The Serendipity of Rice

Linda Burton posting from Sacramento, California — “You can tell by the scars on my knuckles that I grew up on a rice farm,” said Bill. “My father started farming rice in the 50’s and continued more than forty years. I know rice.” Indeed he does, and he likes to talk about rice, too. William Huffman is now Vice-president of Communications for the Farmer’s Rice Cooperative in Sacramento, and can tell you what you want to know. “Arkansas plants more acres that California does,” he continued, “but we have a higher yield, because we have the perfect Mediterranean climate here.”

Bill directed me to the Natomas Basin, just north of town, to view a farm. I had in mind an image of terraced rows of rice on Asian mountainsides, but Bill dispelled that image fast. “We even use laser-beam equipment for precise flat farming now,” he explained, “because water is so important. And fortunately our clay soil holds on to every drop.”

I drove to the airfield on Riego Road, where crop planes wait; spring rains have made the planting season late this year. Inside, Rebecca showed me many maps of fields, pointing to each check (or row) and irrigation ditch, the precious water carefully contained. “When it’s time to plant,” she said, “a farmer calls his order in, tells us what he wants and when; then we soak the seeds; 24 hours is best. Seeds are hauled by truck to the hangar, loaded into the hopper, and released into the plane for planting. We used to have someone directing the pilots by standing at the end of each row with a white flag,” she said, “now we use GPS. It’s fast.”

Though everything is old-crop stubble now, I can visualize the summer fields of green. And of course I wondered how, and why, rice farming ever started here. The Farmer’s Rice Cooperative website answered that. Although commercial production didn’t begin until 1912, rice farming began in gold-rush days. The Chinese immigrated to California like millions of others – hoping to strike it rich. Most of the people who came brought pick and shovel, but not food; dramatic food shortages resulted. The Chinese were a huge part of the labor force, often doing the most dangerous and difficult work, and rice was a staple in their diet. Keeping them fed was important, but the price of rice kept going up. Out of desperation, farmers who came to seek gold soon saw that riches might be found in doing what they did back home—growing crops. The farmers were right.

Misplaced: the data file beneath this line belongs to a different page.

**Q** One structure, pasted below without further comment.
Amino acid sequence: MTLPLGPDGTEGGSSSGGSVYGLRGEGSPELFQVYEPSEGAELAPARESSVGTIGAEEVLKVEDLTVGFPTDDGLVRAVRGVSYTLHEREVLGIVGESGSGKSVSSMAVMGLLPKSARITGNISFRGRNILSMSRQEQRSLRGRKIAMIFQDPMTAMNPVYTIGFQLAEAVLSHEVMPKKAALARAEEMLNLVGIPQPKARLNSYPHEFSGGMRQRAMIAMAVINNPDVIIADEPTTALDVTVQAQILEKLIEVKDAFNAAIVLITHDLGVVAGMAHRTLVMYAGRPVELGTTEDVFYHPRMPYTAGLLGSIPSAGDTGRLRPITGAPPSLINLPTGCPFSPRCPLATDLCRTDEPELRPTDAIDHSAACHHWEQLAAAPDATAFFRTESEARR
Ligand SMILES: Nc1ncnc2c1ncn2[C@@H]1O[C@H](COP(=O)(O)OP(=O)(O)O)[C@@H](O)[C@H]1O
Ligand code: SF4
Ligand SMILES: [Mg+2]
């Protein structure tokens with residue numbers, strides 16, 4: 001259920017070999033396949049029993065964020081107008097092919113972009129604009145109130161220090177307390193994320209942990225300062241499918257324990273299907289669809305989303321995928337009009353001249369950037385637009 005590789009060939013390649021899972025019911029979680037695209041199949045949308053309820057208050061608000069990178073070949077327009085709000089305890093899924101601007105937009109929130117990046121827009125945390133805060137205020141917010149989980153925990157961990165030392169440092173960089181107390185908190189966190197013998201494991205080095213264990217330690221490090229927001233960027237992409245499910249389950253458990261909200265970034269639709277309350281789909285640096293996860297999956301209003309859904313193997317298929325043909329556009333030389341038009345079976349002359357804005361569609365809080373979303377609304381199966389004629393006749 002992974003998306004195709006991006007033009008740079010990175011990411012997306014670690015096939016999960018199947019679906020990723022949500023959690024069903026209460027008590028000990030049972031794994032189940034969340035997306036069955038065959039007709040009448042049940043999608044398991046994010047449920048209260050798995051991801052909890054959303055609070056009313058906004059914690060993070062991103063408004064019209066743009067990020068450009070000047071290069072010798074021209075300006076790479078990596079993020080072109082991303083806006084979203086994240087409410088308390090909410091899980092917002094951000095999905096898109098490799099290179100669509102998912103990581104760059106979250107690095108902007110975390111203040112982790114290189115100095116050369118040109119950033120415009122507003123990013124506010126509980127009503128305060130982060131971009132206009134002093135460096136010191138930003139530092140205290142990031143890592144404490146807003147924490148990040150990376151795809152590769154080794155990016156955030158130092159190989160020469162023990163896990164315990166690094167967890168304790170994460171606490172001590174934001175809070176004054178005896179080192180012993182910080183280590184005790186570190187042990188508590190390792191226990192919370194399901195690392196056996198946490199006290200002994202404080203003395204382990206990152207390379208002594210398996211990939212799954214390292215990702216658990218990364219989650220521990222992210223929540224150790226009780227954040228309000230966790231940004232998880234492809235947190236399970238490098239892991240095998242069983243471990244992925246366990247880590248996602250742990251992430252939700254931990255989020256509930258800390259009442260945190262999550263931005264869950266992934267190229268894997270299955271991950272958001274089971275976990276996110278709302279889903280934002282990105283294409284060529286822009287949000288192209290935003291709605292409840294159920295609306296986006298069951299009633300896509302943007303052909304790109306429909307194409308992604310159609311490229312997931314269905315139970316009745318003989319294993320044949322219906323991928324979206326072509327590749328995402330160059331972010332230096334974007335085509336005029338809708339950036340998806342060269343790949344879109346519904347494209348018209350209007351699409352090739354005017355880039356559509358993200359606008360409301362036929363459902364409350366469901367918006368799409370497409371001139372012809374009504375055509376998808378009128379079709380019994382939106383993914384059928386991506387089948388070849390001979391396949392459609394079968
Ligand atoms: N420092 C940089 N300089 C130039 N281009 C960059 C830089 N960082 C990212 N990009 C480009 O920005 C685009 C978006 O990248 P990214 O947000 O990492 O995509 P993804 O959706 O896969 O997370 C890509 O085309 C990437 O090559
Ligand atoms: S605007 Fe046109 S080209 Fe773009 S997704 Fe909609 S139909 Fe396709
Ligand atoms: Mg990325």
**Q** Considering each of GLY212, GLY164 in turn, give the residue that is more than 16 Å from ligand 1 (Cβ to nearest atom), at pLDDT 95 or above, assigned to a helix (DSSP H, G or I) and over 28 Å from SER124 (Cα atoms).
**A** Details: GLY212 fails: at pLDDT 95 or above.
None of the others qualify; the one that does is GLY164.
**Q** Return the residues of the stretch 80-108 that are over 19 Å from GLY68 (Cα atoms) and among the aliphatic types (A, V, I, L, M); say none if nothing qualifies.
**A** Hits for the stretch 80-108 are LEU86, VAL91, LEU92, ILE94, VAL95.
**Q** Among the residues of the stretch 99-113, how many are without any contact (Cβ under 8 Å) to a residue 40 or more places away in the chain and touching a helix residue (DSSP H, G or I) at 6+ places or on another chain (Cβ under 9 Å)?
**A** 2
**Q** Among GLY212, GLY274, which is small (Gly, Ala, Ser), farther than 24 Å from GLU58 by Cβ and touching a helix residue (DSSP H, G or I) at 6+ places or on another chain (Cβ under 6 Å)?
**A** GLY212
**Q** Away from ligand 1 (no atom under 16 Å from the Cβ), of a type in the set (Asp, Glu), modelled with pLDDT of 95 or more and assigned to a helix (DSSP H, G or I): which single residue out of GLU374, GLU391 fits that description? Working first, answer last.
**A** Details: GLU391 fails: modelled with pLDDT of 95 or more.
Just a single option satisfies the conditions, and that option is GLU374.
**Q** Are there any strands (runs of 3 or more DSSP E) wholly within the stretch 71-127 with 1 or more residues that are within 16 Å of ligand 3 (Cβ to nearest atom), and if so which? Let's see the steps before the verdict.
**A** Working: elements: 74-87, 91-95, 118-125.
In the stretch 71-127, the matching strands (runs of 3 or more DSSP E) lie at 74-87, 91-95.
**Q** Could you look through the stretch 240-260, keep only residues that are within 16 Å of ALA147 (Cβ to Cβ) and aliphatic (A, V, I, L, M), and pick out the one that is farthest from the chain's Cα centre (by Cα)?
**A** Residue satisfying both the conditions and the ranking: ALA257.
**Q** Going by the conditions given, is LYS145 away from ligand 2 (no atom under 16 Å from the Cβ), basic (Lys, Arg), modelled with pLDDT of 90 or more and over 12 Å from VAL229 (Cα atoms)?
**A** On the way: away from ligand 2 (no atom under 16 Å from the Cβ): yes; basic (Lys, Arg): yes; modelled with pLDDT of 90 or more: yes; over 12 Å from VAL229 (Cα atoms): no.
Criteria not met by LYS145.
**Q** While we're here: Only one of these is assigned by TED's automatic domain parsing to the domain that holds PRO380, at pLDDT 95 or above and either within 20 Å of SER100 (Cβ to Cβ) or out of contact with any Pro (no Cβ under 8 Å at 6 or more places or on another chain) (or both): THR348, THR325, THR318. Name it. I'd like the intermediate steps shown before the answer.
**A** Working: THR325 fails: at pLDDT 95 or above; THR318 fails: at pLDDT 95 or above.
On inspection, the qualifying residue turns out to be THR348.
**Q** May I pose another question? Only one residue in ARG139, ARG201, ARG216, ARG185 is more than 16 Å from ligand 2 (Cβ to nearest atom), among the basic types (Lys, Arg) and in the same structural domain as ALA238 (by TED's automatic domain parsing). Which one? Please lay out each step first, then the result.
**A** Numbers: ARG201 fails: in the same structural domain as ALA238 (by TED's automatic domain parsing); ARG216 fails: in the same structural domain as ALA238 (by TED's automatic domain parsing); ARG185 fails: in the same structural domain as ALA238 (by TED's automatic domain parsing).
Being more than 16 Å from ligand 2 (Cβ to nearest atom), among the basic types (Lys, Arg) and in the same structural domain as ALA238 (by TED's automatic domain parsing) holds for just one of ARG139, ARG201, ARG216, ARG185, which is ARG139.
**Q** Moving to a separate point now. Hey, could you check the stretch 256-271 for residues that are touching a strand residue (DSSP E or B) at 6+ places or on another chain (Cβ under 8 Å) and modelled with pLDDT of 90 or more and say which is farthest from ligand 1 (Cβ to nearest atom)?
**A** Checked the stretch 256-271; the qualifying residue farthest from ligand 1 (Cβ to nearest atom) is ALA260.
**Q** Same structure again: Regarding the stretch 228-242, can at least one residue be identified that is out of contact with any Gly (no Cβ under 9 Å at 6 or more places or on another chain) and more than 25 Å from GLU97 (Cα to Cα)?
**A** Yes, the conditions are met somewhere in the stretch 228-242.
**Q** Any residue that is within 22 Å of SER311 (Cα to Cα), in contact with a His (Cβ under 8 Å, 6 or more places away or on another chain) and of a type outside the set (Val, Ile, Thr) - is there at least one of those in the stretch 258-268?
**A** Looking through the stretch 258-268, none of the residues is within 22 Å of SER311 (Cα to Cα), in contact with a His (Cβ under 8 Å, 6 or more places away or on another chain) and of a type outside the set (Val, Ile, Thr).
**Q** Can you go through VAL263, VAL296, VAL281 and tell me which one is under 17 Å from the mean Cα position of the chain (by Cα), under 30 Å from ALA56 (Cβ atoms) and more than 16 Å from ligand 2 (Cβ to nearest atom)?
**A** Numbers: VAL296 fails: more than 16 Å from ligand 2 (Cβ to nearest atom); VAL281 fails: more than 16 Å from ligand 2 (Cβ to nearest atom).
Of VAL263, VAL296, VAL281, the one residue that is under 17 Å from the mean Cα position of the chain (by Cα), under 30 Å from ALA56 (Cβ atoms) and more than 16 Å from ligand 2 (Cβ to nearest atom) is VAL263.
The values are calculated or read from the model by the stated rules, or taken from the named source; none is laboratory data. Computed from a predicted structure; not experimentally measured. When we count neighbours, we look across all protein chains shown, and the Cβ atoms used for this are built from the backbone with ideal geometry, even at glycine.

Over 95 percent of the 2 million tons of rice grown annually in California now is planted and harvested within 100 miles of Sacramento. California grows the “sticky” rice, short and medium-grain japonica, favored by Asian, Middle Eastern, and Mediterranean markets. Although most of that rice is consumed domestically (for table rice, or for making sushi, beer, and pet food), it also is exported to Canada, Hong Kong, Jordan, Kuwait, Lebanon, Liberia, Singapore, Sweden, Taiwan, Turkey, and the United Kingdom.

Farmer’s Rice Cooperative

Farm Air Flying Service, 4425 W Riego Road, Sacramento, California 95837